Where You Stand

You stand in a crowded room.

You stand alone.

Surrounded but utterly alone.

In a moment.

 Unsure.  Abandoned.  Numb.


You stand in a place.

In a moment.

Stopped by overwhelming grief.  Pain that you can’t describe.

Where I am-you wonder.


You stand somewhere-looking.

Wondering why.  How does life exist without me there.

You look.  And look.  Wanting desperately to find me.


You stand somewhere-and remember.

You laugh at a memory- and you stop-laughing.  How can there be joy?

Your head drops at new and fresh pain.


You stand another day.  A fresh day.

A smile feels good.  The sun is brighter than your darkness.

You stop looking for me.

Because you know I’m there.


And you realize.

You will be okay.


I have stood where you stand now.

These things are true.


I love you.


I wrote this for a very specific reason and for very specific people.  I wrote it on reflection of ‘grief’.   And though grief is so very difficult, I would not want the grief I have experienced to be taken away, nor would I want to be told it was time to move on.   Grief is so very personal.  Between me and my loss.  And it can’t be defined by anyone.  And my grief is part of my love for what was lost.    And we grieve so many different things.

32 thoughts on “Where You Stand

  1. Colleen, So many try to hide from their grief, so many want to find fault in their grief, your definition, your need to express, your words are what you need to get thru it all. Yes each of us is different, and we each handle it as best we can. Your words have meaning and convey your emotions. Please take care, Bill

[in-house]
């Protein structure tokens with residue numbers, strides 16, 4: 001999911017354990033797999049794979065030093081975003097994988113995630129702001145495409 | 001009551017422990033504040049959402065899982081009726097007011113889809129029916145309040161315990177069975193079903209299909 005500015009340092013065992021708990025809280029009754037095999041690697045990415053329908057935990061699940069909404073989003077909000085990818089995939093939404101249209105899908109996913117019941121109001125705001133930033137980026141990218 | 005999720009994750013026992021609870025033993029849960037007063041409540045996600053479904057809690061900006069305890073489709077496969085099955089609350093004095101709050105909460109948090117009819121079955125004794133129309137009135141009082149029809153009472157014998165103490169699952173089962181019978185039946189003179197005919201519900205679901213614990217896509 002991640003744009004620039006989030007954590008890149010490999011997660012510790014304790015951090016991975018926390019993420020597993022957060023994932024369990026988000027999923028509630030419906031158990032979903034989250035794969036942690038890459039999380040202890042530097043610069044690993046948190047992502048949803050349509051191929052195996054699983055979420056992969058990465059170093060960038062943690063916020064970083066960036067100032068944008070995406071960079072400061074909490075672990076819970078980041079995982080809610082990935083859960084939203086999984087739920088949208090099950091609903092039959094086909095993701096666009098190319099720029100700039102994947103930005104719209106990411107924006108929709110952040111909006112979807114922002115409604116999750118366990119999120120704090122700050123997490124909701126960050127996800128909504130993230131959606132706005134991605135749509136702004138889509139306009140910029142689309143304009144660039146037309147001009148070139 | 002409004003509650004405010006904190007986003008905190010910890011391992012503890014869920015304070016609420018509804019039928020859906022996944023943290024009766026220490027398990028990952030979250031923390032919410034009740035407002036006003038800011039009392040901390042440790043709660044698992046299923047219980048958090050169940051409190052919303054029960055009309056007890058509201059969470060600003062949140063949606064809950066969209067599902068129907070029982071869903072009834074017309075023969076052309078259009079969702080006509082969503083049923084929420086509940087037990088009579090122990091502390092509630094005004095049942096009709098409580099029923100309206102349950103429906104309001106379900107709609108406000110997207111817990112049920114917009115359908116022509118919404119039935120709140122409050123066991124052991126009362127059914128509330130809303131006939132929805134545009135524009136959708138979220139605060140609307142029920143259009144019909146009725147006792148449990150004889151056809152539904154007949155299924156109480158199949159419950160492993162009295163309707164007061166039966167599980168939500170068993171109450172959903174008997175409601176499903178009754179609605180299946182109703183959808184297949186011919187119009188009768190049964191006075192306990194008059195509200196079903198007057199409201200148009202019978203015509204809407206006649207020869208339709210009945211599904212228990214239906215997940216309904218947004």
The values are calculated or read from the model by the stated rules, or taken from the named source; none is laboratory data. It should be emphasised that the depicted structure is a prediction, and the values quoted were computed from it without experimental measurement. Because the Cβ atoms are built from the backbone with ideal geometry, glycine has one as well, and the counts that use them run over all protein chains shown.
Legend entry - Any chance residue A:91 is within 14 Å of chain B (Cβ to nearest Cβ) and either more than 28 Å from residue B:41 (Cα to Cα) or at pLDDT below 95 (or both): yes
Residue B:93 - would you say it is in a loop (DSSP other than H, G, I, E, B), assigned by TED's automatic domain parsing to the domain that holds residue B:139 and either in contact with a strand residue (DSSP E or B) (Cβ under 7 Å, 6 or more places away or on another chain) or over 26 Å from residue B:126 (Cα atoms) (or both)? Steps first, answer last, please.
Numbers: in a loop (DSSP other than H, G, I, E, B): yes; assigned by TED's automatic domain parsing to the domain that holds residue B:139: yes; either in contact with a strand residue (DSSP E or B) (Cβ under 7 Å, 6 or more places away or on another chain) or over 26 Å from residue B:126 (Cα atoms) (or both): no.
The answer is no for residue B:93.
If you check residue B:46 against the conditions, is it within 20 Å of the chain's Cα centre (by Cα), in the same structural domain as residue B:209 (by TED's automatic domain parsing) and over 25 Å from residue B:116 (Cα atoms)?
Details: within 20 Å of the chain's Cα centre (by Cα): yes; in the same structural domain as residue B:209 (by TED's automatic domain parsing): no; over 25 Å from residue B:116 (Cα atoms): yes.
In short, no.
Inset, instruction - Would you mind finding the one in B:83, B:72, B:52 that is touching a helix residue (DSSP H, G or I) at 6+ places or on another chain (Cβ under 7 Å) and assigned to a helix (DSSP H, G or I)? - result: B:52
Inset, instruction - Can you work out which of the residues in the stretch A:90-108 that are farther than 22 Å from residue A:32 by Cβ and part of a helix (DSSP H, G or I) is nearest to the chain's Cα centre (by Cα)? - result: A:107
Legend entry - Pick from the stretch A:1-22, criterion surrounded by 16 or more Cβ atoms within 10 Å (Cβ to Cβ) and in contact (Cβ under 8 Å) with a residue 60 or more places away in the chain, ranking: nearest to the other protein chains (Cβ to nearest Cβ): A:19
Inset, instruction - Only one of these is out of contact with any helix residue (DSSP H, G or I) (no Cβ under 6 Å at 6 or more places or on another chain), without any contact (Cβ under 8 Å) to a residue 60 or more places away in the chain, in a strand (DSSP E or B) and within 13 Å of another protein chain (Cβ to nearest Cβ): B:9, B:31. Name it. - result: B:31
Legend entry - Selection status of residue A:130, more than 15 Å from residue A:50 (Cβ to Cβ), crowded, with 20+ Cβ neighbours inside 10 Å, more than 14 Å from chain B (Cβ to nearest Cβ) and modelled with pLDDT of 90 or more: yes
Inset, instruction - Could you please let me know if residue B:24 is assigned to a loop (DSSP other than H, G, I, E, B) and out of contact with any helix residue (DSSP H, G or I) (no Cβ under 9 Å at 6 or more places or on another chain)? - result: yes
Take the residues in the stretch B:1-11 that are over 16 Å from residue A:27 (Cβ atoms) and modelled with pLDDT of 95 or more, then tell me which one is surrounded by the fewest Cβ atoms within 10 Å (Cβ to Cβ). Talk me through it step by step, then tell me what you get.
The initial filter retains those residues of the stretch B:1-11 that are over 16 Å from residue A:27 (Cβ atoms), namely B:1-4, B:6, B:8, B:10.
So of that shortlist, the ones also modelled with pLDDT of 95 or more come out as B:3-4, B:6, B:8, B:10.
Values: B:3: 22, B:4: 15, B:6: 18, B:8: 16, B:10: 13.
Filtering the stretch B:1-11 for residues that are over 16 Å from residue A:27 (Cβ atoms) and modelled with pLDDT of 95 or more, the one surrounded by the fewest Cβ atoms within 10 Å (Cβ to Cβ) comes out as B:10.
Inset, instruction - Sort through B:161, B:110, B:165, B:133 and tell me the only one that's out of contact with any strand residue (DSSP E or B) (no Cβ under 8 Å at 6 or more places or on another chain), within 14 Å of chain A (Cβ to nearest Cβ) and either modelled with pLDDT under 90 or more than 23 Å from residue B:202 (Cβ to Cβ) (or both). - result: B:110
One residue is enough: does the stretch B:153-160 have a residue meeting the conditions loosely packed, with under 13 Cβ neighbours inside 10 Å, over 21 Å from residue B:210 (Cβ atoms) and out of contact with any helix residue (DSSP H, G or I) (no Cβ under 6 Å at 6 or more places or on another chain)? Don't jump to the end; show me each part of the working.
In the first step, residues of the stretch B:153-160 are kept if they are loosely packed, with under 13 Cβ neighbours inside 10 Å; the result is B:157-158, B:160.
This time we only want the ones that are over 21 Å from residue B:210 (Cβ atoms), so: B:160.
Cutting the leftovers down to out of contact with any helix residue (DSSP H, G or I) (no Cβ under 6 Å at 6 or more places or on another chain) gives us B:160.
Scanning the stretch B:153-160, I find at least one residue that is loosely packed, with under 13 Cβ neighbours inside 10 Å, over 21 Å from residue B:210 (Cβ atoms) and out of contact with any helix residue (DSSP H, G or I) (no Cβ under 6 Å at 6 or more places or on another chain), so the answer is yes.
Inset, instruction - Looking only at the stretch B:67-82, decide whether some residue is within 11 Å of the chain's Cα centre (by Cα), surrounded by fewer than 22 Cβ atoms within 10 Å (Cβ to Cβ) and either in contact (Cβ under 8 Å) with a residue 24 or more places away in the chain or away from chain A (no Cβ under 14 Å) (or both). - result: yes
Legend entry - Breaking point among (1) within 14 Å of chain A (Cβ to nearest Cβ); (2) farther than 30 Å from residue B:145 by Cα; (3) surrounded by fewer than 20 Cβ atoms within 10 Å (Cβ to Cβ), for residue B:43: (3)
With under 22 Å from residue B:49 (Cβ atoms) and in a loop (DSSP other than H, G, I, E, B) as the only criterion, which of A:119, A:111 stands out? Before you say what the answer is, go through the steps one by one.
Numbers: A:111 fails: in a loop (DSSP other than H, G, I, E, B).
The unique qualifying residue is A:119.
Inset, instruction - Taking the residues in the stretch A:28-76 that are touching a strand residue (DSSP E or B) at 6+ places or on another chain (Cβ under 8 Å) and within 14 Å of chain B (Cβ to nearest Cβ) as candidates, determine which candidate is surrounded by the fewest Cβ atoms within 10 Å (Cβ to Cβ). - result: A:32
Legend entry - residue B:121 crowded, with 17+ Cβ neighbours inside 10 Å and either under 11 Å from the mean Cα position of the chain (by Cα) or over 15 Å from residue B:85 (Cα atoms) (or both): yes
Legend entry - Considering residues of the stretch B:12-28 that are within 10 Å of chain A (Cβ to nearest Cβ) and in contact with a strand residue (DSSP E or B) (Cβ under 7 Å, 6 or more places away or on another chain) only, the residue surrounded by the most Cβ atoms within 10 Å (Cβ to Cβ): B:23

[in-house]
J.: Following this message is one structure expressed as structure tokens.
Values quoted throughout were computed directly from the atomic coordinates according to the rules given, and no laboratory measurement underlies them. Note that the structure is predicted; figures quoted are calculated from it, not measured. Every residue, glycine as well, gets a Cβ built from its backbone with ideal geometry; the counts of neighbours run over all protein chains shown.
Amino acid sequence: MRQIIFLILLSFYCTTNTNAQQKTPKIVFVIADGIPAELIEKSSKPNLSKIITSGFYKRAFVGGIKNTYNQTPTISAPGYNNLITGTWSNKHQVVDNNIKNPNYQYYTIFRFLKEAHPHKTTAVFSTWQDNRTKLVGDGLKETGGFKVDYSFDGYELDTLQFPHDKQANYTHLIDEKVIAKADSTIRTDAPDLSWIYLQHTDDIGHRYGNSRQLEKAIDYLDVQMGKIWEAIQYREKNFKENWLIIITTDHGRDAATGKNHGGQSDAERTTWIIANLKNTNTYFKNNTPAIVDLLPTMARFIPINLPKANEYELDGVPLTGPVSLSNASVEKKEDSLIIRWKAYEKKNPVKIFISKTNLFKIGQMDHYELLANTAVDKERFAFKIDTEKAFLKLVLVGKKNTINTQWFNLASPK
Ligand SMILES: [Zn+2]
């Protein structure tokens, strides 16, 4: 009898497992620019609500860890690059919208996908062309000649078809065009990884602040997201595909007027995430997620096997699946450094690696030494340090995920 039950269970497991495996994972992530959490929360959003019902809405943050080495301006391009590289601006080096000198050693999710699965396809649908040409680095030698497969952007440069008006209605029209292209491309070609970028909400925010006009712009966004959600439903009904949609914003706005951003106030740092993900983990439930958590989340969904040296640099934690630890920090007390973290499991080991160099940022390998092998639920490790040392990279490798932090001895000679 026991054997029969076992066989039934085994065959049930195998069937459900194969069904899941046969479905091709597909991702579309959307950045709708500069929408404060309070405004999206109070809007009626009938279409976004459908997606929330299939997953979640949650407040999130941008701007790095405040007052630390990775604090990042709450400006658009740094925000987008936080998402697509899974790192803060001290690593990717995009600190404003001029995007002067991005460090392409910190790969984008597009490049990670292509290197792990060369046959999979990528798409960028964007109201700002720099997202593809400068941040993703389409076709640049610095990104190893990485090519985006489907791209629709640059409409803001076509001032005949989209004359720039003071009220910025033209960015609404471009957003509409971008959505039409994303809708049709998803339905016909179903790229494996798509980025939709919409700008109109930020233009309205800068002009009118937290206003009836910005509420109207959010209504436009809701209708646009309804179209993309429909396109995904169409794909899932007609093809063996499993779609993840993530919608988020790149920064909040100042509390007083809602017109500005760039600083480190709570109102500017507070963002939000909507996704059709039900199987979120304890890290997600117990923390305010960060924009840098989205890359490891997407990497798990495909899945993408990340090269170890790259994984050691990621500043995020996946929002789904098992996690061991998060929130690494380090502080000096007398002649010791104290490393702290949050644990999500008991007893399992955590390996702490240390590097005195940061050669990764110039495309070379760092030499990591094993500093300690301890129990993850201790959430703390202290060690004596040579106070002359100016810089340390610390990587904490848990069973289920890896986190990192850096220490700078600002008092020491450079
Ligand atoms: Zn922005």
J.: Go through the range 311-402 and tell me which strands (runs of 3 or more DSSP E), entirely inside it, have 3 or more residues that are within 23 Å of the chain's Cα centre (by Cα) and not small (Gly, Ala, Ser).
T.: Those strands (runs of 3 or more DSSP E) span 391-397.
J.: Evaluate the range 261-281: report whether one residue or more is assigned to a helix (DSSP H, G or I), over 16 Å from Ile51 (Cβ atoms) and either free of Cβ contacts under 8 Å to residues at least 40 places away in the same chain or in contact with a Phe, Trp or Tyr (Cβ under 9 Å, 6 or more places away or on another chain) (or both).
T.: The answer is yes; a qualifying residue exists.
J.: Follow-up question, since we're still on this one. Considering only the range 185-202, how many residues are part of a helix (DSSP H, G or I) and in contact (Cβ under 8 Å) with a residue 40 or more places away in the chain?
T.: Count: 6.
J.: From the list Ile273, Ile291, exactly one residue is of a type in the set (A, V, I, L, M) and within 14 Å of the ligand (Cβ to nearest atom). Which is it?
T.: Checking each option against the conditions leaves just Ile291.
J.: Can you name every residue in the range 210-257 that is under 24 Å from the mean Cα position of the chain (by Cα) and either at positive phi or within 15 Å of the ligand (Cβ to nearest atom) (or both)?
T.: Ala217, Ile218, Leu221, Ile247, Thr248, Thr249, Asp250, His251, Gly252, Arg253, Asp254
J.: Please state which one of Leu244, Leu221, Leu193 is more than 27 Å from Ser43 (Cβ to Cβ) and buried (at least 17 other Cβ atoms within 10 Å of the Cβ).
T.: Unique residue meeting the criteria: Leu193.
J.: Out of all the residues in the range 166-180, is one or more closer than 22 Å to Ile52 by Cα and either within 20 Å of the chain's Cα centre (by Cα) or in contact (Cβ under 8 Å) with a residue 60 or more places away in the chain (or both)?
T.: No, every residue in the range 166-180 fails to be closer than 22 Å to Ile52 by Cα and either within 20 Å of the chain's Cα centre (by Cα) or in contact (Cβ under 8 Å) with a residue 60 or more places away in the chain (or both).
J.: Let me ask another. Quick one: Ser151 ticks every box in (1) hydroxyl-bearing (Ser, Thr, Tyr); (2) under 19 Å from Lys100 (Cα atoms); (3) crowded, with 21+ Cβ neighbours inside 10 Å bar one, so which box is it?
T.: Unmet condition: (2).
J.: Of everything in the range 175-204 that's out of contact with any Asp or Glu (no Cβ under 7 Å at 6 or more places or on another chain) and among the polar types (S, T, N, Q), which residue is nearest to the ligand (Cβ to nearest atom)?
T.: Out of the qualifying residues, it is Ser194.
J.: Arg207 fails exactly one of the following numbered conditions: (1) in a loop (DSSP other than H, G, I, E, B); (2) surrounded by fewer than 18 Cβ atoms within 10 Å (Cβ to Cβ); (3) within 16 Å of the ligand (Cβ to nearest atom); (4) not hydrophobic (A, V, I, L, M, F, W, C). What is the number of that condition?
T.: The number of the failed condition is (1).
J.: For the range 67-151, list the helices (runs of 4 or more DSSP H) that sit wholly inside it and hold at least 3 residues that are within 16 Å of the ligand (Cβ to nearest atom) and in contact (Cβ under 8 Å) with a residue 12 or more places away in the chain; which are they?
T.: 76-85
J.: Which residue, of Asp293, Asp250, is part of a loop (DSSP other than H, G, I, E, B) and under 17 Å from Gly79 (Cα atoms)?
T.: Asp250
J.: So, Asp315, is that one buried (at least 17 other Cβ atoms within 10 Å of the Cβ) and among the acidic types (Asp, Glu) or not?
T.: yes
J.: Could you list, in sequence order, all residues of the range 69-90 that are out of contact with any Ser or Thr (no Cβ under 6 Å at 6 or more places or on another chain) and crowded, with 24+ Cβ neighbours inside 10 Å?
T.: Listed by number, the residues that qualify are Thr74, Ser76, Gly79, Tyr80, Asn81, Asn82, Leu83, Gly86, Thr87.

2. So true Colleen. Grief is so personal from my experience. I tried to run from it and finally when I walked up to it and experienced it fully I could go through it but it really never goes away and can rear at some of the most unexpected times. I hope who ever needs this reads it and finds it helpful.


    • I think you’re right. It never goes away. I think in ways it is that we learn to cope better. And sometimes when our coping mechanisms are low, or temporarily out of order, we may have more difficult times. Thank you.


  3. So lovely, Colleen. The thing about grief that gets me sometimes is how it is both intensely private and individual and at the same time universal. Each person’s grief is their own. It’s singular. But we all have our very own, very singular losses.
    Hugs from Ecuador,


    • Thank you Kathy. It is amazing, isn’t it? Something that we all deal with and yet for the billions of times it has been experienced, it is very personal, and very unique each and every time.


  4. Indeed, grief is a very difficult emotion… A very personal one. Most of the time, I associate grief with the passing of someone dear to me… But grief can arise from selling your home, loss of your health or of others, or even loss of your job.

    But nobody can tell “it” to move on. You have to somehow mush it out of the way on your own terms… But lamenting for too long a time is unhealthy as well.


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